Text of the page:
Just for now, I don’t want to argue the pros and cons of whether there will be a catastrophic crash, or when. Instead, I’d like to say something about which signs to watch out for. In particular, what, if anything, we can discern from taking note of the hourly stock-market reports on the ‘non-commercial’ ABC.
The first point to repeat is that the stock market is not the best barometer. It has always been a voting machine, never a weighing machine. A big change began around 1980. As a result, share prices now express two distinct forces in the economy. They are distinct in how they take effect, yet they were linked at birth.
The old determinant is still around as a measure of the prospect of taking away the average rate of profit. Two recent cases show where the share price and the real economy coincide. The collapse in the share price for Volkswagen after its scandal last year is one. The other example is the collapse in the share price for steel producers due to the excess capacity in global sector.
The second driver derives from the long-term excess capacity throughout the entire global economy, not just for iron and steel.
How can stock-markets be booming if the fundamentals are fundamentally unsound? There are several reasons and they differ from country to country.
In Japan, the government has directed the public’s savings into keeping the Nikkei Index at around 17,000. The result? A plunge into negative interest rates. Tokyo’s share-market looks good on paper but the economy remains stagnant.
Something similar happened in the U.S. of A. with Quantitative Easing to the tune of a couple of trillion dollars. They kept Goldman Sachs rolling in it but did little to stimulate productive demands.
Another reason for the Wall Street boom is that the giant U.S. corporates are making record profits. They can do so after strengthening their oligopolistic clout inside the U.S. of A. since 2007. Their profit levels at home are now 50 % greater than their overseas take. To fuel this domestic growth the corporates continue to invest at trend rates. But they have nonetheless accumulated $800 billion each year in funds for which they cannot find profitable investments. $800 billion is 4 percent of GDP. Five years at $800 billion adds us to four trillion dollars with nowhere to go. Well, not quite nowhere. It flushes through the Wall Street.
The ‘savings glut’ encourages managers to try their hand at making money out of money. In short, they gamble on the money markets. Let it be clear: they cannot make money on the money markets in the way they do in farms, factories, hospitals, airlines or hotels. The managers cannot extract surplus-value by trading in shares, bonds or currencies. The money with which they gamble has come from prior exploitation of wage-slaves. The most the traders can achieve is to get their hands on the excess funds being gambled by other players. The pool of value does not swell. The most that can happen is for the turnovers of money to accelerate.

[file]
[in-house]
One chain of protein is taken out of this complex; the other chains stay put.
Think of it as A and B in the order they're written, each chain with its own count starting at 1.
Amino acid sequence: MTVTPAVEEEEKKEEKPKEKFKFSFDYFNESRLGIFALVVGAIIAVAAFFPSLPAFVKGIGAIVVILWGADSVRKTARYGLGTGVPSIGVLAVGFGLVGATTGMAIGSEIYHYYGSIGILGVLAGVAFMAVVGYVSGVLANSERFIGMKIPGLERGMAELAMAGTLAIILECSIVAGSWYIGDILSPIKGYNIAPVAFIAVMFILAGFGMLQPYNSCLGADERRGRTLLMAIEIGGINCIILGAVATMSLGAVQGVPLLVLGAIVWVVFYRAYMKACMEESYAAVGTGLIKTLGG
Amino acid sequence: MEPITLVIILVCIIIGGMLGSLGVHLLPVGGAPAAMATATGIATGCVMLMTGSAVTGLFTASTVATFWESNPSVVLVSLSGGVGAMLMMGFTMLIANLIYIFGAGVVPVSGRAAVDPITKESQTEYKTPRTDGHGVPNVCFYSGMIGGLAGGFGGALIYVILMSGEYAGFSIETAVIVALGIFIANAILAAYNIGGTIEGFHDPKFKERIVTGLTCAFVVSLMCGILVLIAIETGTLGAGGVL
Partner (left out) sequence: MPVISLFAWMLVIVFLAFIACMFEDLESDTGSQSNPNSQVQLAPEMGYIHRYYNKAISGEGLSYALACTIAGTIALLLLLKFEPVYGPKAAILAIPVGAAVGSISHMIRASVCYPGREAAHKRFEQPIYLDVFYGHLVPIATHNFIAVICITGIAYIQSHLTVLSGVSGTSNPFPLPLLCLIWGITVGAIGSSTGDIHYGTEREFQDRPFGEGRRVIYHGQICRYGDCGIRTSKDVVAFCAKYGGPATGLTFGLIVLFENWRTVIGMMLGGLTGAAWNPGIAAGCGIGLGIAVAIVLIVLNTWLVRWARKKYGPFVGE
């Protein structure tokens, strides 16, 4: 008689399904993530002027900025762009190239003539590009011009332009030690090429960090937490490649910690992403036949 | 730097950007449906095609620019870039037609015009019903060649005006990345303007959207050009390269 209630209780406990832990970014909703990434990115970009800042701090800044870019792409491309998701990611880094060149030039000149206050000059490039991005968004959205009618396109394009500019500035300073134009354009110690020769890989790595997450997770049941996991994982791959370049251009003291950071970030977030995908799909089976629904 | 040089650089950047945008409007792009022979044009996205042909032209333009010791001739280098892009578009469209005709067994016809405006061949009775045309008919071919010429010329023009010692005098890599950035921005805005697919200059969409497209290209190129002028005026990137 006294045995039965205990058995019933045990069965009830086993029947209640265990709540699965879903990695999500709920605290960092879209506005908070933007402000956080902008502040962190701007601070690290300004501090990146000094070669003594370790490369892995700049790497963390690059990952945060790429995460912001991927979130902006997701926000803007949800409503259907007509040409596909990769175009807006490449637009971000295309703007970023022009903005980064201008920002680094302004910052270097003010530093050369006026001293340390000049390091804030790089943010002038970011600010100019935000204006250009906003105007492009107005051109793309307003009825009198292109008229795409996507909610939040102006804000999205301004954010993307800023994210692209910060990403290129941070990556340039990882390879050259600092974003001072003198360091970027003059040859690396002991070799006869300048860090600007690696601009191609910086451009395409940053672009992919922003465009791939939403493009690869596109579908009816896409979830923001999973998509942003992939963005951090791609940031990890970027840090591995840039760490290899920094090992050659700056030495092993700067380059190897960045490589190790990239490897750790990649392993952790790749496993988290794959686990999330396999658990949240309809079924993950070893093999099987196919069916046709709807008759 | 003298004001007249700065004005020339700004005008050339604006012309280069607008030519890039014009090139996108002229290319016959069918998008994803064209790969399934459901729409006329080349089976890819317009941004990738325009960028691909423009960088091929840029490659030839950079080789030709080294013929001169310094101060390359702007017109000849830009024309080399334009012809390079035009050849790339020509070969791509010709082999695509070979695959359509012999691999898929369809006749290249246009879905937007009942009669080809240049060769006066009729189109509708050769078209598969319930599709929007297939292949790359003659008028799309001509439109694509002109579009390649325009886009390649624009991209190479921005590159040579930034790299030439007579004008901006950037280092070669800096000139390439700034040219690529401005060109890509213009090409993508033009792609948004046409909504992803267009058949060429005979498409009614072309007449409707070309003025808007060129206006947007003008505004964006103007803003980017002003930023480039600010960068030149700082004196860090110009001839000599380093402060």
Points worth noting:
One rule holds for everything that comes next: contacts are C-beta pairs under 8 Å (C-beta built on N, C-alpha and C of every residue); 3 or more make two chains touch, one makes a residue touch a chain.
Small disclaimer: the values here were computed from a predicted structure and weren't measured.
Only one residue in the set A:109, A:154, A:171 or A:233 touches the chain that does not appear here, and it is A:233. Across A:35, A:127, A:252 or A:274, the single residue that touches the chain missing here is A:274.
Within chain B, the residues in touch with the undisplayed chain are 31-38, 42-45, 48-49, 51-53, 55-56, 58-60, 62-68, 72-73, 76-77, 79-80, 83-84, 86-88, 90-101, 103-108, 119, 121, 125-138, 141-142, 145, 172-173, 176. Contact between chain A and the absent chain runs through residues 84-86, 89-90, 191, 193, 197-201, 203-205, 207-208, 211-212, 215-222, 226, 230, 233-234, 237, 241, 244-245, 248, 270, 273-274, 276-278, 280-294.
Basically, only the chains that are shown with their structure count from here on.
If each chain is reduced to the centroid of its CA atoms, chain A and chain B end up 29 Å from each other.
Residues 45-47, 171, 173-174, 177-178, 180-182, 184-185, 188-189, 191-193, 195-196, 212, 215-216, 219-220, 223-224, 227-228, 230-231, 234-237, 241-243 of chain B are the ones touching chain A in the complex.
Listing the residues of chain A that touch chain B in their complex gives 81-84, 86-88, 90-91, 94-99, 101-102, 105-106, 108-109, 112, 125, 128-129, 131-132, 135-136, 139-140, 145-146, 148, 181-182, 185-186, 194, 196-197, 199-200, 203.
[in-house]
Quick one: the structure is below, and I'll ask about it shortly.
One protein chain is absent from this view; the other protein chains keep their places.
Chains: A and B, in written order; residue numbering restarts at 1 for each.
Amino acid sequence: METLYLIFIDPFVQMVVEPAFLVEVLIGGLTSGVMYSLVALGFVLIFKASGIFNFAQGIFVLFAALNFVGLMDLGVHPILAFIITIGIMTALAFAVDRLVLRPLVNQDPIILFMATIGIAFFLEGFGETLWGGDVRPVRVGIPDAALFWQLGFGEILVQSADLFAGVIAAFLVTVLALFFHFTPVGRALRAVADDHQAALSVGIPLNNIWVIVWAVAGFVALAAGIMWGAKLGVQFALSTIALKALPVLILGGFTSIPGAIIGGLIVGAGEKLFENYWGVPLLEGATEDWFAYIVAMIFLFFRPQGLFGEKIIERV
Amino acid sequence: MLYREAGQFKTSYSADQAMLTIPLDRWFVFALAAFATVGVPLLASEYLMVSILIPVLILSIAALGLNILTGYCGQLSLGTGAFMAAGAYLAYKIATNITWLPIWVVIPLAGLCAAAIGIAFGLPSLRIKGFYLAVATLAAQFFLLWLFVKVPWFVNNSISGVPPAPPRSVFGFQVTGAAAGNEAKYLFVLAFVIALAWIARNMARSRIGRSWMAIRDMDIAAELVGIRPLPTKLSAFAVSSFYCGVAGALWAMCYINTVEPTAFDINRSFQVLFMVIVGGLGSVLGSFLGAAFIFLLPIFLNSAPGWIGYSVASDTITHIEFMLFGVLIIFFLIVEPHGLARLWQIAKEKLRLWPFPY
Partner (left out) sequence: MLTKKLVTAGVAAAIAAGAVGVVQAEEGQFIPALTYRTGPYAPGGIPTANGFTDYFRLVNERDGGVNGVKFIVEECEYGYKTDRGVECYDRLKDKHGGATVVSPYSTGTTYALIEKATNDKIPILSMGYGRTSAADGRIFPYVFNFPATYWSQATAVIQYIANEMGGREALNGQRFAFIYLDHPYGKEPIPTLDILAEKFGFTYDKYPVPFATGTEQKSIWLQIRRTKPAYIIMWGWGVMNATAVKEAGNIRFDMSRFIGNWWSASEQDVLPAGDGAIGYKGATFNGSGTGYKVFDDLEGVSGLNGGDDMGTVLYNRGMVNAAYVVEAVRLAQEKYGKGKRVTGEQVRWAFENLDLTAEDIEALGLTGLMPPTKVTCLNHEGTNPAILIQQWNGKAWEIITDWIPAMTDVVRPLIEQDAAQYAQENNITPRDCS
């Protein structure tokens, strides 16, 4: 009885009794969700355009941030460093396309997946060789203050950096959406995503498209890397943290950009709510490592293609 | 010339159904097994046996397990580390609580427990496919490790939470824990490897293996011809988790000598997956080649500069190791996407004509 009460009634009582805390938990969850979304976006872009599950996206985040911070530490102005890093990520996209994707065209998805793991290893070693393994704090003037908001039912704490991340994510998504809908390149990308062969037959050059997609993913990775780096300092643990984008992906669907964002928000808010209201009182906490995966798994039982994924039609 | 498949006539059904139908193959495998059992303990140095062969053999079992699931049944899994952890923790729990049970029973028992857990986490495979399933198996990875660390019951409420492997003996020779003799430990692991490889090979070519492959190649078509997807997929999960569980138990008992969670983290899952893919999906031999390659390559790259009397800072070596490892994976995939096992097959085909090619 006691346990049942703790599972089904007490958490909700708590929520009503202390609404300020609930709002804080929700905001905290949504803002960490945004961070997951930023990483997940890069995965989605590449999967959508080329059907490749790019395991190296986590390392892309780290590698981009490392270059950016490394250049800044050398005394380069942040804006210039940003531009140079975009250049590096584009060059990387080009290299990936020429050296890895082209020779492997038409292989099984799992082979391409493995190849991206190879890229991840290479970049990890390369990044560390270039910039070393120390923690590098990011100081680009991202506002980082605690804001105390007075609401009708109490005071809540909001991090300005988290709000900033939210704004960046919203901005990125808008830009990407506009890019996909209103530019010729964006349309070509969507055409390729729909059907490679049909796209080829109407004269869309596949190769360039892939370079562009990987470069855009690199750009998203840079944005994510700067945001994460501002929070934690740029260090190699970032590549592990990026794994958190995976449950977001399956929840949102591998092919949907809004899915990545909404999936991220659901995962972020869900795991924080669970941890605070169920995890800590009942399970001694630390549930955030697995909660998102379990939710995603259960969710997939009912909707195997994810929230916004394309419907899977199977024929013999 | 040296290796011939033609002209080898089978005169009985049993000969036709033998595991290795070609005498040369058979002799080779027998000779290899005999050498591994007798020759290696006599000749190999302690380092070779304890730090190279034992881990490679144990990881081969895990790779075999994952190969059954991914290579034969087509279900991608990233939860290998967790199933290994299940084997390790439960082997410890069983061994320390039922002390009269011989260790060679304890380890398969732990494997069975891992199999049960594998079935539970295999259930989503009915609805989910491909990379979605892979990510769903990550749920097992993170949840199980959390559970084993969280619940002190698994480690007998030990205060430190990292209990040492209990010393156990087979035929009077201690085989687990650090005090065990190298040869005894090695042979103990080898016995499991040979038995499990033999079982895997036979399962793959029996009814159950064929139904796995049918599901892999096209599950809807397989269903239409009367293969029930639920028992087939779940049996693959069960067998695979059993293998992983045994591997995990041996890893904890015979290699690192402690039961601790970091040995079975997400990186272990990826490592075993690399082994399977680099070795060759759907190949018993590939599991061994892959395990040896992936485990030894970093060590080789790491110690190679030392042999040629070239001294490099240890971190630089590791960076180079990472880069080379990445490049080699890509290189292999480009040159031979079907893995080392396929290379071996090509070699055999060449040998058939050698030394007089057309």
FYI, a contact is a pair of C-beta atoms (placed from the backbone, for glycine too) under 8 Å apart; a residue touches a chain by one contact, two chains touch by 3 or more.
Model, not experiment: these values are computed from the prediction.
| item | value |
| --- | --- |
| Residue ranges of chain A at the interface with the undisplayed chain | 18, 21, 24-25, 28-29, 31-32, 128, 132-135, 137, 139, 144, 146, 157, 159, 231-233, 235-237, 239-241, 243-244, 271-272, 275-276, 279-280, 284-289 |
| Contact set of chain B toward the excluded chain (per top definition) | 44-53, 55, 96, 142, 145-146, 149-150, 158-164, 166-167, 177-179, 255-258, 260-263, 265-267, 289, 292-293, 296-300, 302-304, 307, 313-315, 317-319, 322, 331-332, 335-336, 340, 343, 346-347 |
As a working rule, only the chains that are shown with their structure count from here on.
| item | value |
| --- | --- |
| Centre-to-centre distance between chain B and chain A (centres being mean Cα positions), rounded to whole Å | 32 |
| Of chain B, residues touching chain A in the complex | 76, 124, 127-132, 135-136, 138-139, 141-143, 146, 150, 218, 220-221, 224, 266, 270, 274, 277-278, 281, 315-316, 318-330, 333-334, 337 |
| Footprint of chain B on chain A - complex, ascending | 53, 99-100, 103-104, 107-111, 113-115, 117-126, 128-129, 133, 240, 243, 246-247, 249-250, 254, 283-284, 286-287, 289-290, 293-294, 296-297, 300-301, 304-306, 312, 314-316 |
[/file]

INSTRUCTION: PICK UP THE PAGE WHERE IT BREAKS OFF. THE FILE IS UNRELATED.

Where to look?
As the old saying goes, we’re treated like mushrooms: kept in the dark and fed on a supersaturated solution of bourgeois bullshit. If the current combination of stagnation and turbulence is beyond the wit of central bankers, what chance does any of us have of making accurate predictions about where the global economy is headed?
For my part, I am waiting for the 2016 report of the Bank of International Settlements, due out late in June. Since 2007, it has been warning of disasters ahead. More recently, it has despaired because governments and corporations have done little more than to postpone the day of reckoning. If the next BIS report says the worst is behind us, then I shall have to eat my hat.
Meanwhile, if you want just one number to track, keep your eye on European bank stocks, in particular, the Italian banks. Several of them have been trading while insolvent. But a further word of caution.
I’m able to point to Italy as a hot spot because its banks are widely recognised to be dangling over the precipice. Hence, some preventive measures are underway. The coming eruption is more likely to happen at a stress point to which no one is paying much attention. The system is like a water-bed. Relieving pressure at one corner shifts one of the problems out of sight. It doesn’t make any of them go away.
Money Markets 3CR 16 April